Setting up your Native Apps Dev Environment - BaseSpace Native Apps

The following section will take you through setting up your development environment to begin developing Native Apps for BaseSpace. If you are unfamiliar with Native Apps, please refer to the Native App Overview before proceeding.

There are two ways to develop Native applications:

  1. Using a Virtual Machine loaded onto your machine
    • Advantages: No cost to the developer, in control of host machine, jobs sent to local machine, preconfigured with all necessary packages
    • Disadvantages: High dependency on developer's network and latency between US East Virginia region where BaseSpace is hosted, generally host machine is not as powerful as machines available in Amazon, no access to the full genomes drive
  2. Using a machine configured with bsfs, spacedock, and docker packages.
    • Advantages: Can use any machine or setup, no cost to developer incurred through BaseSpace

All of these options share three packages, bsfs, spacedock, and docker. Both docker and spacedock are available via the apt-get repository and mono can also be found online.

Our reccomendation is to use an amazon instance configured with these packages for testing, as it is the closest enviromenment to what we use for BaseSpace.

Please follow the instructions in this page for each setup.


Using a Virtual Machine loaded onto your machine

  1. What you will need for the following installation instructions:

    • VirtualBox Installers for Mac and Windows (.exe for Windows, .dmg for Mac), get the latest version of VirtualBox here and download the appropriate one for your Operating System
    • SSH Client for Windows (if on Windows, otherwise this is built in to your Operating System)
    • BaseSpace Native App VM (.ova file), the latest Native Apps Virtual Machine can be downloaded directly from S3 by clicking here. This VM contains the latest installations of BSFS and SpaceDock, and the latest compatible version of Docker which is 1.6.2.
  2. Copy these files to your local computer

  3. Ensure that you are connected to the internet on your local computer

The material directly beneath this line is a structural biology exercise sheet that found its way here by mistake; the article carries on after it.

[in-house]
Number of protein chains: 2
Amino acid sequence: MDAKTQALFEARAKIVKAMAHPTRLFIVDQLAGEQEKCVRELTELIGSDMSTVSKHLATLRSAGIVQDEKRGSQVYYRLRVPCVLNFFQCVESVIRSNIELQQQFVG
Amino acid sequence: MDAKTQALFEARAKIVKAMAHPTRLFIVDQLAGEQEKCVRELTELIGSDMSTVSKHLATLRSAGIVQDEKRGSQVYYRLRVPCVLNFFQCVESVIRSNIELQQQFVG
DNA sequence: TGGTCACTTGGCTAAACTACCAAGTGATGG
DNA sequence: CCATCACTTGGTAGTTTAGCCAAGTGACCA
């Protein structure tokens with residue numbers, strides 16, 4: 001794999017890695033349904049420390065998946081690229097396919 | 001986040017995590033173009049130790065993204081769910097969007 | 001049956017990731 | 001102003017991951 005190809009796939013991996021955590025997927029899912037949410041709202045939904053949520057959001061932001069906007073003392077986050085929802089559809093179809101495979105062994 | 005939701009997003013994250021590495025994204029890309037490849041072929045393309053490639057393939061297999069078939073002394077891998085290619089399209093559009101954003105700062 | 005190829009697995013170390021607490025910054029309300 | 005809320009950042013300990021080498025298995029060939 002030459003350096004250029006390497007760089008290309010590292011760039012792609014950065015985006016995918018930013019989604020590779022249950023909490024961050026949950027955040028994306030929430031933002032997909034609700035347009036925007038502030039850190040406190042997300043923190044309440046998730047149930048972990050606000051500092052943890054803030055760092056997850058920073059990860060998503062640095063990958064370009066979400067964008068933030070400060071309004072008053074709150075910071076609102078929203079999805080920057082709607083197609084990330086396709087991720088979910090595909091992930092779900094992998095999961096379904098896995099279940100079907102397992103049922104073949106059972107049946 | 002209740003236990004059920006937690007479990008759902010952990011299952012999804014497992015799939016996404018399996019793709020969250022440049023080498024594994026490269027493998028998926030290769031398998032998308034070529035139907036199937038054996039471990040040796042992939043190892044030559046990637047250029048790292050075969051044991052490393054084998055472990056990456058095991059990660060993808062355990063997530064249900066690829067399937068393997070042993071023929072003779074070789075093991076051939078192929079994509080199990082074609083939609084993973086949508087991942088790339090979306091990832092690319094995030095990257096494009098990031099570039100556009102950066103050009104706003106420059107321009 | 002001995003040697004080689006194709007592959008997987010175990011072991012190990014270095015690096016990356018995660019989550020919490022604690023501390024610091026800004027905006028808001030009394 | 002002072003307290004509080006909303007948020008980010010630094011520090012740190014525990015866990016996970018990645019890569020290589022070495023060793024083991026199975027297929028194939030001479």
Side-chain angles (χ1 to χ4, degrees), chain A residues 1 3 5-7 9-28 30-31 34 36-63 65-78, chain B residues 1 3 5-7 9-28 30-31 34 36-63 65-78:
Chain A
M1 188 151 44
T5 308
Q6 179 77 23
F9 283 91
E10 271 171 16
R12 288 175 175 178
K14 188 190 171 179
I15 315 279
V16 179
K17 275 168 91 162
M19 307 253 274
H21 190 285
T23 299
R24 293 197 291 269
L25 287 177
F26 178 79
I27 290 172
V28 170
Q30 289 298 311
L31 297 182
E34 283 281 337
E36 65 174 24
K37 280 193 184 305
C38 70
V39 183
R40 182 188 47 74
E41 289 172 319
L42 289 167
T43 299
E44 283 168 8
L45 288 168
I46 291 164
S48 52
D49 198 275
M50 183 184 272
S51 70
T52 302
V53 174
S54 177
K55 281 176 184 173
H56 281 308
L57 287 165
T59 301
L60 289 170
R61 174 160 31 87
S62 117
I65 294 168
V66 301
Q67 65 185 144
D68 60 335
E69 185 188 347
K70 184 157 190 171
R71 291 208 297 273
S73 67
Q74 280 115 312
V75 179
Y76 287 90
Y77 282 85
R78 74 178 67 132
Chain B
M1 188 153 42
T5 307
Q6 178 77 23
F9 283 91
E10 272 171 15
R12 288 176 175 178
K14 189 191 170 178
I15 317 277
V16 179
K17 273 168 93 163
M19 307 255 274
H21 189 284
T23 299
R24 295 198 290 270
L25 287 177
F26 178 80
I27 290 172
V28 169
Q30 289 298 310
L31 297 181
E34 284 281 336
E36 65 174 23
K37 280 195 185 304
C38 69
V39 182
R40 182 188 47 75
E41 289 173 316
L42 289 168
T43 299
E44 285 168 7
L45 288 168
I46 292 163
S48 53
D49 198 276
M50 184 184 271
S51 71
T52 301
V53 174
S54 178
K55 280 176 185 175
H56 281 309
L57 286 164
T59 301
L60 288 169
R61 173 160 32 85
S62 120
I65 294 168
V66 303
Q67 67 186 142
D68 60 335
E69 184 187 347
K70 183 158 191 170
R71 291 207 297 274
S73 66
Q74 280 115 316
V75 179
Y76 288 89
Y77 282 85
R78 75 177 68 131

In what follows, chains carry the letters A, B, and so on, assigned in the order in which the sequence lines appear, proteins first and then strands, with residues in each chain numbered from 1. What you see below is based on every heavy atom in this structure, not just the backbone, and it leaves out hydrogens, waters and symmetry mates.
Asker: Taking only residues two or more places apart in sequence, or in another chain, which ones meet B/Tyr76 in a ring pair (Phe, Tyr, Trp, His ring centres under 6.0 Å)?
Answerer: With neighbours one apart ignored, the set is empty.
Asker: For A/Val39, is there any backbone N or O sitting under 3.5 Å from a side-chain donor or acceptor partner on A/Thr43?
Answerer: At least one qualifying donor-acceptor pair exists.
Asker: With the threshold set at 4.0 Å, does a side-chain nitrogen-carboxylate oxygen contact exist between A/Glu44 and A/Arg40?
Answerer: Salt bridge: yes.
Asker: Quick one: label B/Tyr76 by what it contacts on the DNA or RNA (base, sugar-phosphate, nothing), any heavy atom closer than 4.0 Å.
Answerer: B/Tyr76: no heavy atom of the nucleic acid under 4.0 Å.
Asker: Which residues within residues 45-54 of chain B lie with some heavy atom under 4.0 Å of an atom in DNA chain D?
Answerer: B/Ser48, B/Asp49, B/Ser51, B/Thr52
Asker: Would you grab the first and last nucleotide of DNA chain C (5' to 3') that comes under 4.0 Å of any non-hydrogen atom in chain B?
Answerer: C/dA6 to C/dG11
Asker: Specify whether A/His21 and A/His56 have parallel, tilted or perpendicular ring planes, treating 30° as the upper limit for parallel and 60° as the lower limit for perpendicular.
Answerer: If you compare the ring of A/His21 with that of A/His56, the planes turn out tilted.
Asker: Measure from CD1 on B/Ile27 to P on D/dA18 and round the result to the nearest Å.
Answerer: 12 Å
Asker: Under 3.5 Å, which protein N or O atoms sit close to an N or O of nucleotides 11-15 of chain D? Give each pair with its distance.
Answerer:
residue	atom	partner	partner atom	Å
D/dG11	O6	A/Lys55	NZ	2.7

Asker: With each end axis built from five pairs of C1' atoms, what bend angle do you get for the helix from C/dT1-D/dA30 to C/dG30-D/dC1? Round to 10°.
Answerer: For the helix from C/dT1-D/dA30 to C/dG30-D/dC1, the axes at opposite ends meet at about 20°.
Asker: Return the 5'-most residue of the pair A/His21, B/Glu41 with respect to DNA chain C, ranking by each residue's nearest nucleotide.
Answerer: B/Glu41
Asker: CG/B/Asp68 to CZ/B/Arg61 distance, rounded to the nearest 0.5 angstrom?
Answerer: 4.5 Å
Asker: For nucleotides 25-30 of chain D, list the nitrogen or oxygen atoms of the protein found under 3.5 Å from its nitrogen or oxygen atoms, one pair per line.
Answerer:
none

Instructions for Mac or Linux

Install Virtual Box and Import the Native Apps Virtual Machine on Mac or Linux

  1. Install VirtualBox

    a. Select the VirtualBox installer for Mac

    b. Click through the dialogs and install VirtualBox

    c. Restart your computer

    d. Find "Oracle VM VirtualBox" in your applications and open the program

  2. In the VirtualBox window, select File -> Import Appliance...

  3. Click Open Appliance...

  4. Select the BaseSpace Native App VM.ova

  5. Click Next

  6. Ensure that the Reinitialize the MAC address of all selected network cards option is selected

  7. Click Import, this will start importing the VM and the process may take several minutes

  8. Verify that the Virtual Machine was successfully imported by selecting the new VM from the list in Virtual Box and clicking Start. A new window will open and begin loading your VM, if you are prompted to enter a password you have completed setting up your local dev environment.

SSH into your local Virtual Machine

  1. On your local machine, open a terminal by launching the Terminal application

  2. In your terminal's command line, please enter the following: ssh basespace@localhost -p2222 and hit Enter

  3. You will be prompted for a password, the password is basespace


Instructions for Windows Users

Install Virtual Box and Import the Native Apps Virtual Machine on Windows

  1. Install VirtualBox

    a. Select the appropriate VirtualBox installer for your OS

    b. Click through the dialogs and install VirtualBox

    c. Restart your computer

    d. Find "Oracle VM VirtualBox" in your applications and open the program

  2. In the VirtualBox window, select File -> Import Appliance...

  3. Click Open Appliance...

  4. Select the BaseSpace Native App VM.ova

  5. Click Next

  6. Ensure that the Reinitialize the MAC address of all selected network cards option is selected

  7. Click Import, this will start importing the VM and the process may take several minutes

  8. Verify that the Virtual Machine was successfully imported by selecting the new VM from the list in Virtual Box and clicking Start. A new window will open and begin loading your VM, if you are prompted to enter a password you have completed setting up your local dev environment.

SSH into your local Virtual Machine

  1. Download and install an SSH client if you do not already have one. Some examples of popular SSH clients: PuTTY, OpenSSH, and WinSCP